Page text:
In a move to further use football as a means of brokering peace in the country, reigning African Footballer of the Year and Chelsea striker Didier Drogba has being playing an instrumental role.

In March, the Ivory Coast captain made a visit to the north of the country where he called on the nation to unite in the name of peace. He took his African Footballer of the Year award with him to show the people of Bouake and from the podium of the famous Carnival Square, he said: “I have come here to offer you a golden ball, it's the golden ball for the whole of the Ivory Coast.

"This is only the beginning. In June the whole Ivory Coast national team will be at Bouake for the match against Madagascar [in a qualifier for the 2008 Nations Cup].

"3 June will be a memorable day ― it will be the victory for Ivory Coast football, the victory of the Ivory Coast people and quite simply there will be peace."

Indeed Drogba honoured his word and led the team to thrashing Madagascar 5-0 in Bouake on 3 June. Drogba registered a goal in the victory along with Saloman Kalou, Yaya Toure and Arouna Kone, who scored a brace.

Nearly 2 million people have been displaced plus an estimated 200,000 to 400,000 dead in Sudan after conflict broke out in the western region of Darfur in 2003. Most people in the country might be touched following these developments but at least, The Desert Hawks have made a major breakthrough which many Sudanese can cheer about.

The team has now qualified for the 2008 African Nations Cup finals, their first in 32 years. And what did qualification mean to many Sudanese?

"I was so happy I broke the television," a labourer was quoted as screaming on BBC Sport.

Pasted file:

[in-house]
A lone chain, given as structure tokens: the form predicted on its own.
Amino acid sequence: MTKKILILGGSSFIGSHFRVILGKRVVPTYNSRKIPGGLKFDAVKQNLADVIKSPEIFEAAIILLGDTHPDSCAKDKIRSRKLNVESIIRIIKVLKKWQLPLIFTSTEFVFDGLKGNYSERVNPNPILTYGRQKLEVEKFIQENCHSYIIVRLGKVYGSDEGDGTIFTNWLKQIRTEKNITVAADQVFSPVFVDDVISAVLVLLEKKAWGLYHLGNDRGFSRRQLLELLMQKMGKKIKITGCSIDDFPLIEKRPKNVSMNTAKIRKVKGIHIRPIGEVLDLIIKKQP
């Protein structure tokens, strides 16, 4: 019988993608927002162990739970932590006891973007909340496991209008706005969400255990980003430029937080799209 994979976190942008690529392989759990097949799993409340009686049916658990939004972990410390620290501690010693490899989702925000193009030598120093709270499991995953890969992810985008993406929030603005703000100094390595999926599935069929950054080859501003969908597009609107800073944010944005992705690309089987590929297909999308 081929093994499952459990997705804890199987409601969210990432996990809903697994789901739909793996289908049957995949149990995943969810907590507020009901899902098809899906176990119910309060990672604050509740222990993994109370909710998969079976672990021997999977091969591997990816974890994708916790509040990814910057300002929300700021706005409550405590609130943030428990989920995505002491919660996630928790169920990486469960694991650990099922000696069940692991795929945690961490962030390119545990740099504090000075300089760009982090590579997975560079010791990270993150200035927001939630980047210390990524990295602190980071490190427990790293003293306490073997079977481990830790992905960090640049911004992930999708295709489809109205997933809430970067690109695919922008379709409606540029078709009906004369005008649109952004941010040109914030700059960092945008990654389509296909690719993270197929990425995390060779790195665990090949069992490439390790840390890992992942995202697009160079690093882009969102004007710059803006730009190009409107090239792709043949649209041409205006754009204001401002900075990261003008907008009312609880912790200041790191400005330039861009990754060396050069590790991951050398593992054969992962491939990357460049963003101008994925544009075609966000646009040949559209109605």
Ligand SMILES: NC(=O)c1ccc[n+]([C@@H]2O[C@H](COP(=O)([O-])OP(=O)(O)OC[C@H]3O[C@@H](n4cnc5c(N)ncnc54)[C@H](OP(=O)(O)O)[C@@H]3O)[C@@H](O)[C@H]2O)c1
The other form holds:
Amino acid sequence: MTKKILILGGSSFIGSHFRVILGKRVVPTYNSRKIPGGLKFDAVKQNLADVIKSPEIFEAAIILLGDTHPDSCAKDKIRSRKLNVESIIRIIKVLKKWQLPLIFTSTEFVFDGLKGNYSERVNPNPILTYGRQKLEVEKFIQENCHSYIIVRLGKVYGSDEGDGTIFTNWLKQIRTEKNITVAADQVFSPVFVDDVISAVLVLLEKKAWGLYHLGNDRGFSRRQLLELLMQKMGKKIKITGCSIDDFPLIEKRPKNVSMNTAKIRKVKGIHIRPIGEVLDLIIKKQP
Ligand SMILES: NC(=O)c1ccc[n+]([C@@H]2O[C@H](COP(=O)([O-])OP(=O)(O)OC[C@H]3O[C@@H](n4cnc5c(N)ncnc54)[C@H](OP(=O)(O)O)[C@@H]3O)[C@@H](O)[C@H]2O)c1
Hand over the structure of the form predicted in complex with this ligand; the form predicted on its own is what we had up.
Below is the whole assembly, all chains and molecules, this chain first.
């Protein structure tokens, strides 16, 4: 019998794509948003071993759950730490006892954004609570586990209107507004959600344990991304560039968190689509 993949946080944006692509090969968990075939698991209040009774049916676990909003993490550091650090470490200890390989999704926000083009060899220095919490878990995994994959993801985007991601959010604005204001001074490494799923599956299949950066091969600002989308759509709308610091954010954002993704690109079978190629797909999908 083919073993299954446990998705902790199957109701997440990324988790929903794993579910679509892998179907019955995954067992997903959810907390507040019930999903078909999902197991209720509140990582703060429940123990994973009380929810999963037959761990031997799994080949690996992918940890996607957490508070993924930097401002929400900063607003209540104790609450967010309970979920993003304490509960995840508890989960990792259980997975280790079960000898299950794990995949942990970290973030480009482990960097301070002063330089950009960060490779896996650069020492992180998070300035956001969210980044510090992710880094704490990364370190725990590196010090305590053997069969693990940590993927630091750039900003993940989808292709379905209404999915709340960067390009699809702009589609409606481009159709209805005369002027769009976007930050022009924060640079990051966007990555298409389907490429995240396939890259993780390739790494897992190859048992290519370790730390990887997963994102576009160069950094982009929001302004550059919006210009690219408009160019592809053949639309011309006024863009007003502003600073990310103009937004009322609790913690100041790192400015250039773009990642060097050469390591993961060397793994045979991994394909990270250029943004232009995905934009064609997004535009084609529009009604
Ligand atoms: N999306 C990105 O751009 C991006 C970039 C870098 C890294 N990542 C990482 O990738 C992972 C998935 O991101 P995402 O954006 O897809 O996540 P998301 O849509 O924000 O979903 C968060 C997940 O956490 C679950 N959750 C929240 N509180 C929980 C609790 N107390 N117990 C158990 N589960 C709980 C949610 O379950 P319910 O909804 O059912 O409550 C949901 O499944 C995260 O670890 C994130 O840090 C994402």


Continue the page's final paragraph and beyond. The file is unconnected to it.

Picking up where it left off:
"There are no words to describe this feeling."

On a more positive note, I believe Africa is ready to put wars behind it and unleash an enthralling moment of ecstasy in 2010 when South Africa hosts the world’s most popular sporting event — the World Cup finals. Six slots have been allocated to Africa for the finals and it will be the first time in 8 decades that the extravaganza will be staged on the continent.

“Soccer is my life,” Claude Reddy, who is excited about his country hosting the 2010 World Cup, tells African Talking Point.

“This [the hosting of the World Cup] means a lot to me and also to my fellow Africans as we are finally being given recognition for our progress in the world. The [mood will be] vibrant, joyful, ecstatic, emotional…but overall, jubilation.

“Most war victims would feel a sense of pride and joy to know that the World Cup would be coming to Africa. Football is life to many in Africa.”

Just as South Africa president Thabo Mbeki had put it: “Africa is ready, Africa’s time has come, Africa is calling.”

In conclusion, we continue to hope and pray for an end to senseless and unjust wars in Africa, so that we can enjoy football even more. The problem is not only limited to the ignorant combatants involved in mayhem during wars, but especially to the highly educated individuals who get involved because of some form of personal and selfish gain.

We hope they will finally get the message through football, as the time has come for us all to embrace one another in the spirit of love, and take Africa to a different level. It is better to lead rather than mislead.

The continent is very rich in promising talents who have the potential to make it to the highest level in football if given the necessary support and encouragement, and surely, we need not deprive them of these basics.

Instead of sadly having child soldiers, we can merrily have budding stars. What could be more thrilling than to see those talents blossom over time? Indeed, “Africa is ready,” the wars can be stopped and we can all proudly say: “Africa is calling.”